1. It is not enough to recall Okun’s equity vs. equality tradeoff. Similarly, it is not enough to point out the preferences for federal, unitary and prefect intergovernmental models. There IS a real dilemma for transition governments in distributing functions and expenditures between the center and the periphery. Western preferences for decentralized government notwithstanding, one can argue that transition governments consciously prefer not to shift national expenditures to local governments for rational reasons. First, there is very little funding to transfer. After dealing with macroeconomic stabilization, and the military, transition governments typically prioritize national functions such as education and health as legitimate local expenditures. Yet, national governments, particularly postcommunist governments, cannot conceive of shifting these functions to local government.32 The concept of a local school board is entirely counterintuitive to former communist countries. Health care, left to local governments and threadbare revenues, similarly seems to offer very little preventative capabilities, danger for epidemiological failures, poor maternal and child bearing care and the prospect of idiosyncratic public health responses. Thus, education and health seem, from a postcommunist perspective (as well as former Communist perspective) to require standards or normative requirements for delivery of services. That such normative standards may derive their formulae from prior Communist days, and may need to be revised, does not dissuade postcommunist planners from dealing locally with education and health expenditures through national transfers. Similarly, one can hardly expect local governments to finance unemployment benefits, welfare payments, pensions and housing allowances. While these are of direct consequence to local citizens, they are conceived of as national entitlements. Again, national transfer payments will be necessary. Thus, considering the quantity and quality of education and health care nationally, one can surmise that shifting such expenditures to local government is quite premature.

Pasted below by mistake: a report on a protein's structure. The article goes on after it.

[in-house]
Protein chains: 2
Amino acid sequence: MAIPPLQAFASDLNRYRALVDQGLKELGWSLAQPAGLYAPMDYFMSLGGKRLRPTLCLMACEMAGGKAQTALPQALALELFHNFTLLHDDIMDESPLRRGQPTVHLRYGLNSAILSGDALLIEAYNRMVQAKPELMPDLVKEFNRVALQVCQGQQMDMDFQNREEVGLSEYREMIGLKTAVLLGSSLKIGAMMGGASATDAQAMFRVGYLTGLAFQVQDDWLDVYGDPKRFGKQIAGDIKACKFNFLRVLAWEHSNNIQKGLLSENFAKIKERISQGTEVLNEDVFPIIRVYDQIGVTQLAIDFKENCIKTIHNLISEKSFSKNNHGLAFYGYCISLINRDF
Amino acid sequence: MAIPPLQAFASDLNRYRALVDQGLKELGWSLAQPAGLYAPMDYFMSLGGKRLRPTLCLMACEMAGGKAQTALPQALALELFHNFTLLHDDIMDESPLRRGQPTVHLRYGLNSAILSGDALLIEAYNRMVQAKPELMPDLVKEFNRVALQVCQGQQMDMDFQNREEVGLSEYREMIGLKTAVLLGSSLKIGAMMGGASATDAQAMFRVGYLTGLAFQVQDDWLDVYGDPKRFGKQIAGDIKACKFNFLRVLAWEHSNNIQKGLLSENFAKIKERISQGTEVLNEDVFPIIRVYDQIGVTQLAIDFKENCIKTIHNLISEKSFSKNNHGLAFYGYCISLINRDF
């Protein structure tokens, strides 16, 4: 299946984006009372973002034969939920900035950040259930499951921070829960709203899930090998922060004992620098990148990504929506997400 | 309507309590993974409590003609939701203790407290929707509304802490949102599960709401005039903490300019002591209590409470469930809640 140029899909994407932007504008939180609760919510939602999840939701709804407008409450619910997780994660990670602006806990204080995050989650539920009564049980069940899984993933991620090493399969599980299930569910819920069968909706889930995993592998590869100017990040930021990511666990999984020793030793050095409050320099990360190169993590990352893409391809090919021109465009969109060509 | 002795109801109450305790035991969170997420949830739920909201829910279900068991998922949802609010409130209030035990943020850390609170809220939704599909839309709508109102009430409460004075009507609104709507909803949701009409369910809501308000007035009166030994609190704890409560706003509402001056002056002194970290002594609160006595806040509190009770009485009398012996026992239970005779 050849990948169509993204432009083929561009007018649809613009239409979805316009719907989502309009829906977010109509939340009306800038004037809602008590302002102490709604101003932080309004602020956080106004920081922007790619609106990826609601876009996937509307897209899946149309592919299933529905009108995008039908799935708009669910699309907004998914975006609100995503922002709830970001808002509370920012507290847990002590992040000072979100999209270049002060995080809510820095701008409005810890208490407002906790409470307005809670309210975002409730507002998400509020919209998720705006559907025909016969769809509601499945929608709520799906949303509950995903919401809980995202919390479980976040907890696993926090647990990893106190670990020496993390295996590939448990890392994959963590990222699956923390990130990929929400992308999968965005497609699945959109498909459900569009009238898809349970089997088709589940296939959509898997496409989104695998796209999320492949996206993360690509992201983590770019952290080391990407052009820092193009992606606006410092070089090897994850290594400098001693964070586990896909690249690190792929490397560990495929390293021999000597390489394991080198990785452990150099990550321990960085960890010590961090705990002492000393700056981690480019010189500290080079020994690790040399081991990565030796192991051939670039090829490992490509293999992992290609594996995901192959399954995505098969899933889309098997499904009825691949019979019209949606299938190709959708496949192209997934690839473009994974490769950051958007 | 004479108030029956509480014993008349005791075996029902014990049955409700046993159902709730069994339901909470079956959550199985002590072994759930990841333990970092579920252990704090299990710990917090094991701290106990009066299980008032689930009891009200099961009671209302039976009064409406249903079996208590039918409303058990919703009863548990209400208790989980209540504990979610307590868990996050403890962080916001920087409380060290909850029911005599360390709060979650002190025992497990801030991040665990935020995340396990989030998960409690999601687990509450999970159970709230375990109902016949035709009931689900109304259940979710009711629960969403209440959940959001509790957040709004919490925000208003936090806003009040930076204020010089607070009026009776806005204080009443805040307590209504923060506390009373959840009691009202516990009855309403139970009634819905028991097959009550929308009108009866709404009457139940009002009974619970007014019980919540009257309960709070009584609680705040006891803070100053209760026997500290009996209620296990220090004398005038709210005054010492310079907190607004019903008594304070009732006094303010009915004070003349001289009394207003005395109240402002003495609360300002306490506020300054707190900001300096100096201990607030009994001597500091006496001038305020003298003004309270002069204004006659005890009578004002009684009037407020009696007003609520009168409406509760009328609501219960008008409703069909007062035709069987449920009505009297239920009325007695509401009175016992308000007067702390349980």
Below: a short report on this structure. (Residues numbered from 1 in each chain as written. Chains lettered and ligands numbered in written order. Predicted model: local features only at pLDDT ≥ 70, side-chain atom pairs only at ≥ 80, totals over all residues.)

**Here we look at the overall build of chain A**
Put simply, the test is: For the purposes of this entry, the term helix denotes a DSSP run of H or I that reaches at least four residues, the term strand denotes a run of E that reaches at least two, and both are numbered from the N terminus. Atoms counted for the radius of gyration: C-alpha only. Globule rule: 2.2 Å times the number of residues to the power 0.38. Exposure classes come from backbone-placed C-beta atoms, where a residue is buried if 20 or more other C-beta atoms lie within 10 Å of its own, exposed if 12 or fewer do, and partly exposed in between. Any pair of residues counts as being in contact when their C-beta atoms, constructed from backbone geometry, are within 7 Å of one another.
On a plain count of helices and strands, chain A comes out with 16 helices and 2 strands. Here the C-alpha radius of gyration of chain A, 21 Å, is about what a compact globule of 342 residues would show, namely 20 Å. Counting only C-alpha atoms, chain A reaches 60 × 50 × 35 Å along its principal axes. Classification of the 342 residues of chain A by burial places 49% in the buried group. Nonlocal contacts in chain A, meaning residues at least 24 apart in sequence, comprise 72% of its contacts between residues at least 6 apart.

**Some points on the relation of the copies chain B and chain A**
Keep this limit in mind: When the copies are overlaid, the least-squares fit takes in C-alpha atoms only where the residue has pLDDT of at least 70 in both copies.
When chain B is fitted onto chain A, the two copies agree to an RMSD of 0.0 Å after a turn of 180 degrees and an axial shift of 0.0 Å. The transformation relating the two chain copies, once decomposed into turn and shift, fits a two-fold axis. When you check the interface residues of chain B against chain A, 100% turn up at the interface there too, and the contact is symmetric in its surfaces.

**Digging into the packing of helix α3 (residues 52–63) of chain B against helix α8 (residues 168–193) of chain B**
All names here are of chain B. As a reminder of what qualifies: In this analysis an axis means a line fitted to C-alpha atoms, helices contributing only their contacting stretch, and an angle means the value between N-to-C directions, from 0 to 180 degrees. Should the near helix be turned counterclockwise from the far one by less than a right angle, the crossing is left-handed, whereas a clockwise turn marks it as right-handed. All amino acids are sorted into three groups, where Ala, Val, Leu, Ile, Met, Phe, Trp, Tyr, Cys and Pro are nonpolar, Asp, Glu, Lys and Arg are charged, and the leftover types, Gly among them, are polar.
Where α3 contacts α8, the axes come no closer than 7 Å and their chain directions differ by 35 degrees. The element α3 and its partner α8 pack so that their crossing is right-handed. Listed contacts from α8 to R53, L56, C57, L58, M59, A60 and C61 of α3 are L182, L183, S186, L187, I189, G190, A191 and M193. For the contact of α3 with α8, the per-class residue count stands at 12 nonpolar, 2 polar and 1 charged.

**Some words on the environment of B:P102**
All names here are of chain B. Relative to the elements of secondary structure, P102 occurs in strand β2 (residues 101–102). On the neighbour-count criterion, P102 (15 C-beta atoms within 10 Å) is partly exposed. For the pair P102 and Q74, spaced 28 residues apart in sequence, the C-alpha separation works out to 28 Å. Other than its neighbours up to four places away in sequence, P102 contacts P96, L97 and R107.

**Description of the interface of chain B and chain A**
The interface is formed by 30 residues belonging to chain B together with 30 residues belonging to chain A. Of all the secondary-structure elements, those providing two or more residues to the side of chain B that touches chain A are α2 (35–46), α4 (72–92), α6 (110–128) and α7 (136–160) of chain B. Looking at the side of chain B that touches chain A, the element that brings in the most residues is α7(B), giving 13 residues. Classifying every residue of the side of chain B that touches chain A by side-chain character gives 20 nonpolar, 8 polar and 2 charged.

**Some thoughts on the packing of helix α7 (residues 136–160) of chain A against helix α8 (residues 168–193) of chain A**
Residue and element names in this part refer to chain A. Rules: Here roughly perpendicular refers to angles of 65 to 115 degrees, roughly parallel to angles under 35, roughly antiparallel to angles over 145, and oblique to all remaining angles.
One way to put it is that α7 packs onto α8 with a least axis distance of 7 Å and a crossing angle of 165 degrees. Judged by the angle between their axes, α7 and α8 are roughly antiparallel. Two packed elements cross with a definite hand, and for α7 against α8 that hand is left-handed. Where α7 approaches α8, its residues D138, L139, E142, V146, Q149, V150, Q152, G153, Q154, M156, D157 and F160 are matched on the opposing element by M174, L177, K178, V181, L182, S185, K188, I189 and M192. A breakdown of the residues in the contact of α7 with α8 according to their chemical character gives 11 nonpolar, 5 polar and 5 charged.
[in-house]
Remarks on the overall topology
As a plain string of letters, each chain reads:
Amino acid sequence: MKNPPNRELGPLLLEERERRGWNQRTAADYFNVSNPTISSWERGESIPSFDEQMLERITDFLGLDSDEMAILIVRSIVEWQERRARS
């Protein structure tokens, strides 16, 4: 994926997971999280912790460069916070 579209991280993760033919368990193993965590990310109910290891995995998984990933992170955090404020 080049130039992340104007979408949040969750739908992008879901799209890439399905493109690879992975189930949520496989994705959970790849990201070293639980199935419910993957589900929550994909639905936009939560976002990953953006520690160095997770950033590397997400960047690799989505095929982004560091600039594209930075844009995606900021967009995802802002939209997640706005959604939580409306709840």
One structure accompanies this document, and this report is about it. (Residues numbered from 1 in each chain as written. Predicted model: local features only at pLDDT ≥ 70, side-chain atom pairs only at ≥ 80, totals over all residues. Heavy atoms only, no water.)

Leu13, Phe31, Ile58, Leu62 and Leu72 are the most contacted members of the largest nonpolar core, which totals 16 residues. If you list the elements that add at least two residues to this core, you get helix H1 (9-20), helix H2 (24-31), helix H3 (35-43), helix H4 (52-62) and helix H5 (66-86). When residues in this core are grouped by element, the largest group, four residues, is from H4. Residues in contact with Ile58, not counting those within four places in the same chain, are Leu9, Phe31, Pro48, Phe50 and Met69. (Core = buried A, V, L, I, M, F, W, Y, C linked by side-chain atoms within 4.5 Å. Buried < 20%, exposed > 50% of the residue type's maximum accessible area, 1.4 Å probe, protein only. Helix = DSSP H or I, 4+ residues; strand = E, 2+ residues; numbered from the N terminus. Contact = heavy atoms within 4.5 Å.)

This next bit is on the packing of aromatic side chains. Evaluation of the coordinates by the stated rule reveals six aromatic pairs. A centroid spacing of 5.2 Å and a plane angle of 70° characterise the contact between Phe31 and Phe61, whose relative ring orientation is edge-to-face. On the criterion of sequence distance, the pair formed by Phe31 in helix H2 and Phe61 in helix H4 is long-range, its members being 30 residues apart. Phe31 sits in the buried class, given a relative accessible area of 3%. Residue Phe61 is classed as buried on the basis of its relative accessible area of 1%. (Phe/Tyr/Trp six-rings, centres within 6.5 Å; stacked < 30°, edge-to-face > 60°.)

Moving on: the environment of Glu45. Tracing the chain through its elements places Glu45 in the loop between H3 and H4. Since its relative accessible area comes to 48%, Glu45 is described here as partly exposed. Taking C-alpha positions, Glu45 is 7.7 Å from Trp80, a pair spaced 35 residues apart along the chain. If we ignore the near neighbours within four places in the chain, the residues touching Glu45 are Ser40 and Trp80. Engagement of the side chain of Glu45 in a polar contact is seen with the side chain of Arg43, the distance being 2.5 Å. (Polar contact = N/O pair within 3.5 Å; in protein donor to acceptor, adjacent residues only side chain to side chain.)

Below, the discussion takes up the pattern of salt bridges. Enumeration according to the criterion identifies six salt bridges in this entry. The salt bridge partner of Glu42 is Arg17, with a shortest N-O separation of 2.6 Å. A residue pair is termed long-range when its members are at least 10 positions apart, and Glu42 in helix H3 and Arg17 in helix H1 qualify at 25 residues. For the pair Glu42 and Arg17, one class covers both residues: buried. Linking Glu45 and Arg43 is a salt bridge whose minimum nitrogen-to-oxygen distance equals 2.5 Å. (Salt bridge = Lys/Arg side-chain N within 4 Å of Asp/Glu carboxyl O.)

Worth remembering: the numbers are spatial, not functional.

2. Postcommunist governments have national police forces. Without debating the propriety of national police forces (Americans would disdain such a design) it is unlikely that postcommunist governments will soon see any wisdom in local police, due to a lack of local funding, as well as a propensity toward corruption that might ensue (not to say that national police cannot be corrupt; rather, to say that postcommunist countries want control over police at the national level since they do not differentiate among the U.S. model of federal crimes, state crimes, local crimes and, to some extent, counter intelligence). If, as seems the case, postcommunist countries will eschew local police (Europe seems to follow the national police model without abandoning civil rights; Germany differs, having opted for provincial police after experimenting with the U.S. installed local police following World War II) then local governments may well have a good bit less to fund than the American model.
3. If one considers only the military, police, education and health, the national government in Armenia spends (officially) 14.7% on the military; 5.7% on public order, protection and state security; 11.6 on education; and, 7.5% on health care. In addition, the national budget calls for a transfer of funds to local government of approximately 15% (seemingly for general expenses since pensions and social safety net expenses are included in other allocations).33 Thus, local government is relieved of these expenditures and the local citizens do not particularly ask themselves who is paying for these services, unless of course, they are terrible. Local governments in the FSU are described as having too many responsibilities, an impoverished population and miniscule tax base. Thus, there is an assumption that it is hopeless for them to become democratic or to provide adequate local services. Nevertheless, it is at the margin that local services fall through the crack. Because of the tendency to share the responsibility locally for numerous functions between national and local governments, the margin becomes significant. Thus, the inevitable conflict between the politico-administrative mix at the national level and that at the local level creates a barrier between efficient and effective delivery of services. At the moment, the advantage in the mix seems to reside with the political component, particularly that which resides at the national level.34